Some of us have had plenty of experience balancing the demands of working in the home environment. However, the current phenomena of physical distancing, stay at home and remote work are a new and complex experience for a number of individuals. It is normal to experience struggles with concentration, focus, productivity, balancing work and life, and mood when transitioning to a new work environment. This transitional stress is real, as our brains are finely tuned learning machines which differentiate our behaviors, actions and experiences based on our contexts, which includes our environment. Research has reliably demonstrated that students who study in the rooms or environments in which a test will be administered predictably recall information more quickly and accurately and have higher test scores compared to those who study in a different environment. Based on this, it makes sense that a switch of work environment from your typical building, office, desk, computer/laptop and other daily experiences will predictably create some decrease in effectiveness and productivity initially. However, the concept of neuroplasticity reveals that our brain is exceptionally adaptable. Using learning theory and leveraging the power of the brain, we are able to take some steps to cope with this transitional stress and decrease the time it takes for our brain to adapt to and thrive in this new way of working. To improve your concentration, focus, work/life balance and mood consider the following strategies:
- Follow a Routine that is Similar to your Work at Office Routine - If your typical pre work routine includes something (showering, changing, gathering materials, filling a thermos with coffee, reading news) consider doing something similar when working from home.
- Create physical and symbolic boundaries between work and home - as a Mental Health Therapist, one of the most important aspects of our work is creating boundaries between our work, our home and personal life. This is essential in doing our best work for clients. Many therapists have a special outfit, set of clothing, or an item (scarf, vest, necklace) that is reserved only for use during client work. Some even switch chairs when doing therapeutic work and administrative work to create clear boundaries. Creating an intentional space for your work, dedicated only to work time and not towards rest,play and/or home tasks will also increase focus/concentration and reduces the "blur" effect that happens at times between work and home. Additionally, although it feels great to wear "comfy" clothes at home while working, wearing just one item that signifies your "working hat" is on can improve effectiveness as well.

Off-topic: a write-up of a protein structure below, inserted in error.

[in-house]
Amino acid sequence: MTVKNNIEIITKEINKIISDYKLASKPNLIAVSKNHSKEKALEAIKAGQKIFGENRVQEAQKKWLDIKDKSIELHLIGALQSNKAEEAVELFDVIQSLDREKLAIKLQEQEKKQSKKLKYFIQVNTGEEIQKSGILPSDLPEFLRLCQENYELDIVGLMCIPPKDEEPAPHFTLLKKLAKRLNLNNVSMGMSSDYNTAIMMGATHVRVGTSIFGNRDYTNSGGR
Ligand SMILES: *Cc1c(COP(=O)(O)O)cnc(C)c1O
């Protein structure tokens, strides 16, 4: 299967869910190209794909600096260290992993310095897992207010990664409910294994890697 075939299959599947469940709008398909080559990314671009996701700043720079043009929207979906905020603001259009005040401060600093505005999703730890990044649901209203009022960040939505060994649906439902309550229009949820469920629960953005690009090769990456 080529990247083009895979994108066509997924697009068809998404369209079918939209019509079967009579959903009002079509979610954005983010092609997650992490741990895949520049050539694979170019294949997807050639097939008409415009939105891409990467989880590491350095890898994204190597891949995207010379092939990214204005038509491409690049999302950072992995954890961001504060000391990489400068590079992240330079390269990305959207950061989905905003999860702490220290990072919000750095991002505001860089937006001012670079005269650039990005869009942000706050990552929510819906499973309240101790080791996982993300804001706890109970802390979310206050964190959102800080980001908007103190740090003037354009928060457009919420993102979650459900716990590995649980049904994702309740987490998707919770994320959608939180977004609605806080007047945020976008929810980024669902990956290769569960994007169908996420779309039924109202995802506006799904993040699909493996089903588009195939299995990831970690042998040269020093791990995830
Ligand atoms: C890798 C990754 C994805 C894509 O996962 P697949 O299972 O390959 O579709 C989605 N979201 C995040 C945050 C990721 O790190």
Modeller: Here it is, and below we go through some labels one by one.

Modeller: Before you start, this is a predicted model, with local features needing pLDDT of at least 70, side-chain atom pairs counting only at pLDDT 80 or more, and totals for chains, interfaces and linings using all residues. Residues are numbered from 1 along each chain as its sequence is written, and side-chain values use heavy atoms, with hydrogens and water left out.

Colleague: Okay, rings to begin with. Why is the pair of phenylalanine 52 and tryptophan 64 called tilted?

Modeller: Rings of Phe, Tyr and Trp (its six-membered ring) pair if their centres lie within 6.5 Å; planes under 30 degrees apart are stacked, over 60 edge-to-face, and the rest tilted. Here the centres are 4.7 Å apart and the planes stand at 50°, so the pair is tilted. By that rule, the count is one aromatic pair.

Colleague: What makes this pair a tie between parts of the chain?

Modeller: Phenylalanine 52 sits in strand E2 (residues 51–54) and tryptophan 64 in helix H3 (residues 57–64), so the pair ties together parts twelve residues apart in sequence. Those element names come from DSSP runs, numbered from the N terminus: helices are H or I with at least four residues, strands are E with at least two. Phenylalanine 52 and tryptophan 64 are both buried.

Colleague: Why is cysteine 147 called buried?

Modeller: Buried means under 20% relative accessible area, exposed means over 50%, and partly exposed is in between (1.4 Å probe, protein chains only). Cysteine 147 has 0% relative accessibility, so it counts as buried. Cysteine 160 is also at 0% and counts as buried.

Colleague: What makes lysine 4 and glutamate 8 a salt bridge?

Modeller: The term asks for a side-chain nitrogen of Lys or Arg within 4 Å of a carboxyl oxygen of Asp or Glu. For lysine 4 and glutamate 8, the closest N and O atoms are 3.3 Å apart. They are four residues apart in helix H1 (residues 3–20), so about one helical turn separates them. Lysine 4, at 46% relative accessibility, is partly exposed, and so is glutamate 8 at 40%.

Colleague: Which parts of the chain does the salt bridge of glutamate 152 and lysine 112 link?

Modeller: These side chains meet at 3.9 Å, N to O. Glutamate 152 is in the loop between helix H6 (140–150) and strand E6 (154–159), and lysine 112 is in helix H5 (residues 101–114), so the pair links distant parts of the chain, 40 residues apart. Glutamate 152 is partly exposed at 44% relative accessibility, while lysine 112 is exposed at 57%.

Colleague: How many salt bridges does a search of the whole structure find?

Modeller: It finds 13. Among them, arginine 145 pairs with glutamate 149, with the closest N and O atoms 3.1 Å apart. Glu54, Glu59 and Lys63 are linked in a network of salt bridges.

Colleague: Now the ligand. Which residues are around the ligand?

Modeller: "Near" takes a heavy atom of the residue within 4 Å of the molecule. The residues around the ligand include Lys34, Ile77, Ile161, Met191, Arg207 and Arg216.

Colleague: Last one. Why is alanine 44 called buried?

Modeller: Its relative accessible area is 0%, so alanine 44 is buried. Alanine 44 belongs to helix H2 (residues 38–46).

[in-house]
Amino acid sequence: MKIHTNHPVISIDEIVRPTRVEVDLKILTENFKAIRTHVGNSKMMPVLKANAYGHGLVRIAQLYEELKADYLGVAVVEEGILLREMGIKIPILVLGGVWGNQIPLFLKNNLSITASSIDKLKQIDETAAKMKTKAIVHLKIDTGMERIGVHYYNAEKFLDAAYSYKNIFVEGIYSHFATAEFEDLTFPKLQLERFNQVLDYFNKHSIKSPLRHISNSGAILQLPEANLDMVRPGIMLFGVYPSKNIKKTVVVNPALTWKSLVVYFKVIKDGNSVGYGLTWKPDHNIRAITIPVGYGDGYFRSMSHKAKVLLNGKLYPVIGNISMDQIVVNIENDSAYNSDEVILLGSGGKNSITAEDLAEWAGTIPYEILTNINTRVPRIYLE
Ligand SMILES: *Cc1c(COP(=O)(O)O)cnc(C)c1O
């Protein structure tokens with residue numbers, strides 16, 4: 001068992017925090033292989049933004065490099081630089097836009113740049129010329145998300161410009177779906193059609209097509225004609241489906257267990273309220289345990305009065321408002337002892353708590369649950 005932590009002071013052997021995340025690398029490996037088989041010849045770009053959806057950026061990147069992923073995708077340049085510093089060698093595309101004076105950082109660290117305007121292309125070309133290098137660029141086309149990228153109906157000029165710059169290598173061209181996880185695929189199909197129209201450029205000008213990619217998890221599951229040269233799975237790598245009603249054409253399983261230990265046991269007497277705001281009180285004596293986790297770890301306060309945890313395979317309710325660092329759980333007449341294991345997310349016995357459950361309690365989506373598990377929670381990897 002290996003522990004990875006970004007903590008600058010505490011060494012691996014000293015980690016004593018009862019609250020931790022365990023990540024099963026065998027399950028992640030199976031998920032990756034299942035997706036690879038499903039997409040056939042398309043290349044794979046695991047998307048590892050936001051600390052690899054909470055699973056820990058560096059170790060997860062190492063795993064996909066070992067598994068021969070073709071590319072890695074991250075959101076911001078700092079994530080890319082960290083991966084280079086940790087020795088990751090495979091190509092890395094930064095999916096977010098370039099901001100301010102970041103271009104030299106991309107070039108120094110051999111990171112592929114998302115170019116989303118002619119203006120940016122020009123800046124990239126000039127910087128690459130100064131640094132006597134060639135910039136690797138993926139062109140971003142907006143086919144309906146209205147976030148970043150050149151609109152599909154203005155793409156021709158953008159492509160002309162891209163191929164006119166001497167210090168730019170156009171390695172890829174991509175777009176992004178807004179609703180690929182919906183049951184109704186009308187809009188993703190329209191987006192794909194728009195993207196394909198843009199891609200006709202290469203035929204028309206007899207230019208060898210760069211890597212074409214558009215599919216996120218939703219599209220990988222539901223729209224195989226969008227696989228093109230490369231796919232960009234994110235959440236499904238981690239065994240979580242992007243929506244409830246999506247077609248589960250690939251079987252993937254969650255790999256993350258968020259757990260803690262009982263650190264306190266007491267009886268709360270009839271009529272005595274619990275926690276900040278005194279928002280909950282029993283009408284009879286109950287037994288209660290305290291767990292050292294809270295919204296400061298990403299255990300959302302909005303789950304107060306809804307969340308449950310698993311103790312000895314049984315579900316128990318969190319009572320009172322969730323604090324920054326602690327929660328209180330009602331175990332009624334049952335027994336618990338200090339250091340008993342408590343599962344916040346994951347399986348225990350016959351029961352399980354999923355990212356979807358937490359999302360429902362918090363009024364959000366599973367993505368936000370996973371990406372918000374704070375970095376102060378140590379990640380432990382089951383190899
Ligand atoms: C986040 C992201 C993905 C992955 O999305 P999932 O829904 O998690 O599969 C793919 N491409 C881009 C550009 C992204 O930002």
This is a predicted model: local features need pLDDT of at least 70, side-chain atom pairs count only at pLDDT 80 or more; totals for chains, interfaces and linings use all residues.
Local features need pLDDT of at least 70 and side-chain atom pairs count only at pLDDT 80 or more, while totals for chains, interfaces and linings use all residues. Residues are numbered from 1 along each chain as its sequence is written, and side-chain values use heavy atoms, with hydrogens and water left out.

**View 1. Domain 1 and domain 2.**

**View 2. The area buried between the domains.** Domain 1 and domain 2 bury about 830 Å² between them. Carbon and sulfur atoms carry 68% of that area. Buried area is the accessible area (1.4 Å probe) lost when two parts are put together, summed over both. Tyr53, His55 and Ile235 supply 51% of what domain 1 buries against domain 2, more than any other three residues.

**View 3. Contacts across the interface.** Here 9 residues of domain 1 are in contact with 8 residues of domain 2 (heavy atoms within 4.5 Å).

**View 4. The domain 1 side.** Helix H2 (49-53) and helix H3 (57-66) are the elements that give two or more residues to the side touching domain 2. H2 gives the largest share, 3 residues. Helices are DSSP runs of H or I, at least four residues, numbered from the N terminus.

- Work in similar ways - How did you start your day - did you check in with your team, check email, create a list of tasks or review unfinished work? How long of a chunk did you work before taking a break? When did you eat lunch or meals? How often did you collaborate and/or work with teammates? What tools or strategies did you use throughout your day? When did you end your day and how? Try to create similar ways of working while in your home office.
- Attend to creating a productive environment - The most difficult part of working in the home environment is distractions. When we work where we live there are urges to connect with the people around us, finish that one last thing we needed to pick up or organize or clean, watch that Netflix show that only takes 20 minutes, check to be sure our family is doing what they are supposed to be......and the list goes on. Create an environment in which distractions are at a minimum. Ideally, an isolated room with a door that closes, white noise machines to drown out sound if it is distracting, a desk and dedicated tools that are used only for work and not for pleasure (like gaming, TV, scrapbooking, etc.) will assist in maintaining focus on tasks of work.
- Have patience with yourself - While you may employ many of these strategies, it may also be difficult given the difficulty in our world. Be patient with this major shift to working in a new environment. All of us are experiencing a major amount of stress and a disruption to our normal homeostasis. It makes sense if you are struggling, many of us are. Be kind to yourself and know you are doing the best you can at the moment. Self compassion increases our ability to cope and shift to more workable ways of doing in our life. Self criticism, judgement and guilt tend to keep us stuck and depleted.
In Peace and Health - Aimee